Vail Daily letters to the editor
Vail, CO, Colorado
Be at Avon Town Hall tonight
Tonight is the perfect time to come to the Avon Town Hall and get up to speed about Traer Creek’s proposed land-use amendments for the Village at Avon. It’s no secret that I think Traer Creek’s amended planned-unit development application is a debacle and must be denied.
The school site is just one example: the 7.3-acre school site promised by Magnus Lindholm in 1998 has morphed in a narrow, 3.5-acre parcel crisscrossed with natural gas pipelines and easements (now called “Area E”), plus some far-off day in the future, an amorphous parcel within Traer Creek’s inaccessible “Area I” land north of the river behind Big O Tires in Eagle-Vail!
The whole proposed amended Village at Avon plan will be explained at the Avon Town Council meeting at approximately 5:30 p.m. Please come and decide for yourself. I think you’ll agree that Avon’s Town Council should deny the changes.
Tamra Nottingham Underwood
Reverend misses point
Reading Jack Van Ens’ column, “Ryan spurns historic role of government,” will confirm that Rev. Van Ens is very knowledgeable about James Madison and his role in writing the Constitution and his participation in the process of ratification. So with all the historical facts at his disposal, I can’t imagine why he was unable to grasp the significance of the outcome of the Constitutional Convention.
The U.S. Constitution, sometimes called a “bundle of compromises,” may have begun with Madison’s draft, but without the restraints on governmental power that the other members of the convention insisted on, the Constitution would never have been ratified by the states.
On many issues, James Madison was a proponent of big government, or a Federalist, but the Constitution that emerged from the Constitutional Convention was a contract that 13 states could all agree to be bound by.
The finished contract enumerates the powers of the government, and the Bill of Rights that the states demanded be added to the Constitution spelled out the limitations of the power available to the federal government.
The reverend’s description of Paul Ryan’s words as “strong antigovernment rhetoric” is pure hyperbole. A call by Ryan for the government to live within the constraints of the Constitution or, for that matter, within its budget is not “antigovernment diatribe” but a call for government to adhere to the contract it made with we the people.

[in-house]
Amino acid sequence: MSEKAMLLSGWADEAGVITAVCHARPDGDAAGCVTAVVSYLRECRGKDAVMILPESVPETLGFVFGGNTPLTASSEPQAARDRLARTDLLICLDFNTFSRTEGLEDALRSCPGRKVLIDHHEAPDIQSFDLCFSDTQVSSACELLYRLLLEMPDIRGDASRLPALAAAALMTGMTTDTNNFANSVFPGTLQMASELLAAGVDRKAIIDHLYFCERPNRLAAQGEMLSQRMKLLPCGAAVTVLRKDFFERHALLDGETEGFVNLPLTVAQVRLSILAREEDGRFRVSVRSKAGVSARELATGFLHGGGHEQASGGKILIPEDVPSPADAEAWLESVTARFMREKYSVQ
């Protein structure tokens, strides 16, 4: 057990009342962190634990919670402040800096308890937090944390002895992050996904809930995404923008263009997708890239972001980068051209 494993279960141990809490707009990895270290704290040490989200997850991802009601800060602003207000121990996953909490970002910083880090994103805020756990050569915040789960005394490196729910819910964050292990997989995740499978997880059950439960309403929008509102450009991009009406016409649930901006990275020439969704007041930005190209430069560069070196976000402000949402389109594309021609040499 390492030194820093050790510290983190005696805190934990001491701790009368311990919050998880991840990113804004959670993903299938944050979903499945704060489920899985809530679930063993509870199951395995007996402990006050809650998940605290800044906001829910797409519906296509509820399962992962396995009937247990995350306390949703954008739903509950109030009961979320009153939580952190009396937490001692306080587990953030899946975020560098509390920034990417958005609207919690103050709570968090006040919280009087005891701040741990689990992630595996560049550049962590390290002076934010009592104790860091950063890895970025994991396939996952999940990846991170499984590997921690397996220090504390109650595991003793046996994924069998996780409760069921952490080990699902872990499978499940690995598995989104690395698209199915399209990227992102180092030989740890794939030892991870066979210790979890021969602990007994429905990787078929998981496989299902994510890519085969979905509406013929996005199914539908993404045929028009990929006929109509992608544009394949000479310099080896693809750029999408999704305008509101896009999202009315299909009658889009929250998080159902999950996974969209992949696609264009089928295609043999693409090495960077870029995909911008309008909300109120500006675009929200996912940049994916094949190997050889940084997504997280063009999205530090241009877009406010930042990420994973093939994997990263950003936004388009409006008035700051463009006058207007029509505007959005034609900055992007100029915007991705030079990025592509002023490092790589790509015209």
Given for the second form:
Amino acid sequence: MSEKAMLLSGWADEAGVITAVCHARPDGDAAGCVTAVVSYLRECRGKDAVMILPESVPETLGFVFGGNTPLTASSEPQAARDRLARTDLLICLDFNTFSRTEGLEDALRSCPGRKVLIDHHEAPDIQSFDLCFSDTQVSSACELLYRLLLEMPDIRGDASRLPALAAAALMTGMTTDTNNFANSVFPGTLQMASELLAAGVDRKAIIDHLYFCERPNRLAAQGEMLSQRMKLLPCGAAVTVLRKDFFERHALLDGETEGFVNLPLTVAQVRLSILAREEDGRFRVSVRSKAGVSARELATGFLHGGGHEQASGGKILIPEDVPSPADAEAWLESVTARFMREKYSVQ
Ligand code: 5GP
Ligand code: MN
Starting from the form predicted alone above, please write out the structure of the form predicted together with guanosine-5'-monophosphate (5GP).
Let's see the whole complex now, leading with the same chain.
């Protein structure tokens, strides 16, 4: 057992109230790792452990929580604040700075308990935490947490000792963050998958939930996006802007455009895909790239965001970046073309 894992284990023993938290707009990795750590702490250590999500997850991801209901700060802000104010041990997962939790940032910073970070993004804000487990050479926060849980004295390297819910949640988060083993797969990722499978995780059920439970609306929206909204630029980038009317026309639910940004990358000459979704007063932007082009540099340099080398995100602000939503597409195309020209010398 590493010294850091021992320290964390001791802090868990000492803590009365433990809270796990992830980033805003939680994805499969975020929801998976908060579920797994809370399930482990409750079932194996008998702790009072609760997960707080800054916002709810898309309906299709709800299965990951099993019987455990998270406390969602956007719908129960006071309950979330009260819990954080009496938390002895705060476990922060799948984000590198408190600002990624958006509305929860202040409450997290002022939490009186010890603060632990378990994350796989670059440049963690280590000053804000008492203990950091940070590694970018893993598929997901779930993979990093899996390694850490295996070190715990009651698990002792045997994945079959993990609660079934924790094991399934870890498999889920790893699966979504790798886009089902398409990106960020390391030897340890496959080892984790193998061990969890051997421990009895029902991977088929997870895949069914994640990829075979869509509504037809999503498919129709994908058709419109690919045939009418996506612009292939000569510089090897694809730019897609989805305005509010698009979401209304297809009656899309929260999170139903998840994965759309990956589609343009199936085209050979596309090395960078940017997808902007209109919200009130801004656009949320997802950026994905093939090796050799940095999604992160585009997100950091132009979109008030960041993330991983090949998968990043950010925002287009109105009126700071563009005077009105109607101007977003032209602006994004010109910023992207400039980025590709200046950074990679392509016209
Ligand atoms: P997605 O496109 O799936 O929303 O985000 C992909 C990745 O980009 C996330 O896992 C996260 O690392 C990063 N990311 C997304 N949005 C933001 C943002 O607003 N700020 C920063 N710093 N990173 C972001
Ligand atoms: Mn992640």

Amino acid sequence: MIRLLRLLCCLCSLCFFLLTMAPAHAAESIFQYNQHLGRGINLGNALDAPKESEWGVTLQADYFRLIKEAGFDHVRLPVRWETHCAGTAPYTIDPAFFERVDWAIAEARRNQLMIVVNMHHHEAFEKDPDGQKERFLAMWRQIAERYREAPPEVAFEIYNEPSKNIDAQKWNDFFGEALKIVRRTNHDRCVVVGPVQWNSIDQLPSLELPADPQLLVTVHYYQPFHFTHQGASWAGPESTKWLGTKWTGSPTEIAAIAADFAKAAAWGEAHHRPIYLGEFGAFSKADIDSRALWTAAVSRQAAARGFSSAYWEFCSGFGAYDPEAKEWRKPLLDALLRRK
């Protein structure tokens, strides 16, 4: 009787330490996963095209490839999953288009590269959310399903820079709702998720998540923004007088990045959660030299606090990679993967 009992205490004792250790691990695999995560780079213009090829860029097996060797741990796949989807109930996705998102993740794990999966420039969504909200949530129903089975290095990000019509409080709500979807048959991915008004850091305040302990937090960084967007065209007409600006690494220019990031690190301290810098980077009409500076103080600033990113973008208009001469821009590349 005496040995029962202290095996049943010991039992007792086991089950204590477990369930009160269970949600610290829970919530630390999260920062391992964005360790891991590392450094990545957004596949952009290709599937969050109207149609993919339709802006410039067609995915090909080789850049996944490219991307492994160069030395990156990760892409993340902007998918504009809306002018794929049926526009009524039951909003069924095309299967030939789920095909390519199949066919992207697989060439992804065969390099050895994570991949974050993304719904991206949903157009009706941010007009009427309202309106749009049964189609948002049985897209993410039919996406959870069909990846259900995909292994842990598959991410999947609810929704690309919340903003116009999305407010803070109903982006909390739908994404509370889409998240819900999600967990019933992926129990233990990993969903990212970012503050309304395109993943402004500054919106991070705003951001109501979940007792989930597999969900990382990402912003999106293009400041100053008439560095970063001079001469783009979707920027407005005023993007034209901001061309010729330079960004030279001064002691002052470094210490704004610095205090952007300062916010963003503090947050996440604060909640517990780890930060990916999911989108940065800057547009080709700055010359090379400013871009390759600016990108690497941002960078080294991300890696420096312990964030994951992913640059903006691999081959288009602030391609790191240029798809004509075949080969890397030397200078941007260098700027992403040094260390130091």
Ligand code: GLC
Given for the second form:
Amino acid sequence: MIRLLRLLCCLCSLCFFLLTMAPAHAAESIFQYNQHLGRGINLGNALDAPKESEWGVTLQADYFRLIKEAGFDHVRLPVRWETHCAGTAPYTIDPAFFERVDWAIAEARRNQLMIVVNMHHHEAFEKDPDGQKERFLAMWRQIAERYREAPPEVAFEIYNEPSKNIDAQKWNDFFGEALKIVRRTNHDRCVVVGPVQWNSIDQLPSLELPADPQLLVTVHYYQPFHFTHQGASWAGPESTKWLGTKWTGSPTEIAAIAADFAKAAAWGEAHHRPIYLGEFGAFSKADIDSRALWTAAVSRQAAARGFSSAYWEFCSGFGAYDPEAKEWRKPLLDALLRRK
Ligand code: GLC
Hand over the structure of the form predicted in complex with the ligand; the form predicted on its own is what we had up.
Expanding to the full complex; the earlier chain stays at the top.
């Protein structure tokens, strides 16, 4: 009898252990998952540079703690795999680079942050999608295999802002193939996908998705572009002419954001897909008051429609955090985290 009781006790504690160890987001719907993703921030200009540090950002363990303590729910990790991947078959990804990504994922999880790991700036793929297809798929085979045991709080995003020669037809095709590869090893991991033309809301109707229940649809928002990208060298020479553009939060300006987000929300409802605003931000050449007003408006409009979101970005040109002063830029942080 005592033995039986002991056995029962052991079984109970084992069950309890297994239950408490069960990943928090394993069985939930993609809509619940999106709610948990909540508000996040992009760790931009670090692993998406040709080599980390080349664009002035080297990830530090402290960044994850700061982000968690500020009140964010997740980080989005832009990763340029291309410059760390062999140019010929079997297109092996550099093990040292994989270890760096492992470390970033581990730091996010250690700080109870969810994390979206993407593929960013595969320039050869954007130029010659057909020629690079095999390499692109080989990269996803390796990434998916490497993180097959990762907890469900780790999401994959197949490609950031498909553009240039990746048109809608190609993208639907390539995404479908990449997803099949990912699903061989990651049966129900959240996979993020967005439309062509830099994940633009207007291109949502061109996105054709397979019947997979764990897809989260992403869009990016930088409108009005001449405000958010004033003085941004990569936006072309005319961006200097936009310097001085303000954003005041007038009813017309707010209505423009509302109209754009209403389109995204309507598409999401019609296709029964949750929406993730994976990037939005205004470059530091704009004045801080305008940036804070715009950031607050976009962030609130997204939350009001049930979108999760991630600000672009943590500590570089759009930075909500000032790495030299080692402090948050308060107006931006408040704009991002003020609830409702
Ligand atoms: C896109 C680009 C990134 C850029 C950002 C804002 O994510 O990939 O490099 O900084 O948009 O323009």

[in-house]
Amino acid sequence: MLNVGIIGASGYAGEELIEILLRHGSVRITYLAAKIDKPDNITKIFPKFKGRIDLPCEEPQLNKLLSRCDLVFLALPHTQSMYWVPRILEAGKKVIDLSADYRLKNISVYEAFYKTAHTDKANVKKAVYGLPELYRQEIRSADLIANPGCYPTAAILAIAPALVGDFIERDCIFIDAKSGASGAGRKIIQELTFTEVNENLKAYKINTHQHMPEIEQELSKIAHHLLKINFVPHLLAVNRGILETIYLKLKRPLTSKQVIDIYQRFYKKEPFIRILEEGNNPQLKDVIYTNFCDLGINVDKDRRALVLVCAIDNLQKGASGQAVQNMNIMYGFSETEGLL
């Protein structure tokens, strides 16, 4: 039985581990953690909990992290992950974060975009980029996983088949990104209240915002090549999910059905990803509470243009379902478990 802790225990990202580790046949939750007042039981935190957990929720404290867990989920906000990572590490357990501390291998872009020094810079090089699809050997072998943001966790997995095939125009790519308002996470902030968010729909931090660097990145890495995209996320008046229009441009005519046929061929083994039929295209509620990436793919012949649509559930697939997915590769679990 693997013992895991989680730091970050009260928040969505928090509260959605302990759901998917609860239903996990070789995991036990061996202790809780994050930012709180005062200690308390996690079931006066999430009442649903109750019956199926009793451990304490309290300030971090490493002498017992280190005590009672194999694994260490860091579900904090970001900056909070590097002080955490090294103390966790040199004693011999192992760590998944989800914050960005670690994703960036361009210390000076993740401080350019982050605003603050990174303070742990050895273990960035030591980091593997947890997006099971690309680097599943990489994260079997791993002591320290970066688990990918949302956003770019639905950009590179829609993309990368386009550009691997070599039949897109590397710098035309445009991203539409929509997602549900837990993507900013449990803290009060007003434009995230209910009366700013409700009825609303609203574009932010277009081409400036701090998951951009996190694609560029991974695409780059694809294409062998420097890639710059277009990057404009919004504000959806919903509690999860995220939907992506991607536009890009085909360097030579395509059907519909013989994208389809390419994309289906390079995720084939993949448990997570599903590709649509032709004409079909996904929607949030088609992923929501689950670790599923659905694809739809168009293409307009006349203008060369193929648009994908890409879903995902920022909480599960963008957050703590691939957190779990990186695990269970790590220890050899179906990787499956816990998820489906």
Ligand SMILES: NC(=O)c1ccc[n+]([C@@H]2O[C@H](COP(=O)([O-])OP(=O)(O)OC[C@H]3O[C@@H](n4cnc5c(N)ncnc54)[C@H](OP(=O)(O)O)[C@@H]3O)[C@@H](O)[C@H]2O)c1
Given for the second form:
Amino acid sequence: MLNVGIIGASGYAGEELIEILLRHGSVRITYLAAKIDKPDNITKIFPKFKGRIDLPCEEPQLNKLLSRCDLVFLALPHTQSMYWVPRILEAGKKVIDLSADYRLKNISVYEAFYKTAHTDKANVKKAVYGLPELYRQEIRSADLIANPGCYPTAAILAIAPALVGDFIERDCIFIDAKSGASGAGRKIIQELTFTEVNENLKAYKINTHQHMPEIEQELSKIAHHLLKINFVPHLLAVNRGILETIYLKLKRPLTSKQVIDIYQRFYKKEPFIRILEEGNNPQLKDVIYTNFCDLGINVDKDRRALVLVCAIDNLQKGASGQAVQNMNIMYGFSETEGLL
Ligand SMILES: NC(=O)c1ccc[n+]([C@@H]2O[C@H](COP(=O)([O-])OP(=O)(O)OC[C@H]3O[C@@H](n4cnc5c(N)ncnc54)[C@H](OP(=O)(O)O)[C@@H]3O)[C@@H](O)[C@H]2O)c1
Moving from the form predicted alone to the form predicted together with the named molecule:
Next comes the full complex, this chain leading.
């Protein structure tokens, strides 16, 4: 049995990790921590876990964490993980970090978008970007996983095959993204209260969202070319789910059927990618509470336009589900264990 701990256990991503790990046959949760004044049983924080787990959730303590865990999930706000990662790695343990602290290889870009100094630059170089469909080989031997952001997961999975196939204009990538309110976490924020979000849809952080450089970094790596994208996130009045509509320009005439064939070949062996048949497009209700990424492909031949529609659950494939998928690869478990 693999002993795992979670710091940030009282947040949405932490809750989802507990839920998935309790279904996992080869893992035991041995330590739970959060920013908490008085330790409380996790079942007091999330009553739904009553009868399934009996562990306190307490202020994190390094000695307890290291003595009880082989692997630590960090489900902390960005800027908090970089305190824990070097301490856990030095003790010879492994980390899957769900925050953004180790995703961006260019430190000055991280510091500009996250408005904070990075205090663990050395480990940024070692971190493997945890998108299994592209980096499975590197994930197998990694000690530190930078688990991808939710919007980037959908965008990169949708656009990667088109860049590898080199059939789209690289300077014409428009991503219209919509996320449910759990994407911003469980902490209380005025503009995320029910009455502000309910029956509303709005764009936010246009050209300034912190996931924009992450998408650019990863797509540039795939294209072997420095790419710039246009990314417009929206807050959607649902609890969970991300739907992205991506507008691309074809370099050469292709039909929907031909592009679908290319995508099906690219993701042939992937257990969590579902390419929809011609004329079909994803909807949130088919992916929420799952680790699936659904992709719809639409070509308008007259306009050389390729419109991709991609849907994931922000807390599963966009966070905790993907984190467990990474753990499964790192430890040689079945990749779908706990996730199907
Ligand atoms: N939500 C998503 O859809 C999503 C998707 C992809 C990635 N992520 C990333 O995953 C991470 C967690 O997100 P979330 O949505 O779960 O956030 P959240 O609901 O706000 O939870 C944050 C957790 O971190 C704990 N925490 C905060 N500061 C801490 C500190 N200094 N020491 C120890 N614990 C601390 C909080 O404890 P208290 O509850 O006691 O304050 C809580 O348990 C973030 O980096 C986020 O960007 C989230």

If the reverend would like to call for a change in our Constitution to allow the government to become a nanny state, he certainly has the right to peruse this tact.
President Obama has voiced his frustration with the limits written into the Constitution, and there are many more who would agree. As the percentage of the population who receive more from government than they contribute grows closer to 50 percent, the possibility of this kind of change may be at hand.
With government borrowing 40 cents for every dollar it spends, I leave you with this quote from James Madison: “All that seems indispensable in stating the account between the dead and the living is to see that the debts against the latter do not exceed the advances made by the former.”
David W. Miller
Oops with name
I wrote a letter recently, and though I like Tom Harris, it was supposed to say John Harris (he was my supervisor at Eagle County Road and Bridge).
Sorry, John. There was a lot more I was going to say but was only allowed 500 words.
John Harris was one of the best supervisors I could hope to have. Eagle County, you are lucky to have him and the rest of the crew.
Thank you !
Just wants what’s fair
I hope Richard Carnes in his infinite wisdom, writing of those “not paying their fair share at all,” speaks of Romney and all his wealthy cronies paying less taxes than those of us in the middle, not to mention his Swiss bank account!
Let’s really look at who doesn’t pay their fair share!
I have quotes, too
Debbie Marquez, Colorado’s Democratic national committee-woman, recently sent a dispatch from the Democratic National Convention in North Carolina in which she states: “I have a few inspirational items tacked to my home office wall …” and goes on to quote Thomas Jefferson thusly: “There is only one force in the nation that can be depended upon to keep the government pure and the governors honest, and that is the people themselves. They alone, if well-informed, are capable of preventing the corruption of power and restoring the nation to its rightful course if it should go astray. They alone are the safest depository of the ultimate powers of the government.”
I totally agree with that thought but would like to remind Ms. Marquez, along with the public at large, of two inspirational quotes that I have tacked on my office wall:
• “To take from one because it is thought that his own industry and that of his father’s has acquired too much, in order to spare to others, who, or whose fathers, have not exercised equal industry and skill, is to violate arbitrarily the first principle of association – the guarantee to every one of a free exercise of his industry and the fruits acquired by it.” (Thomas Jefferson)
• “The trouble with socialism is that eventually you run out of other people’s money.”
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Are we seeing more bears because there are more bears on the valley floor, or because we’re all spending more time at home? It could be a bit of both.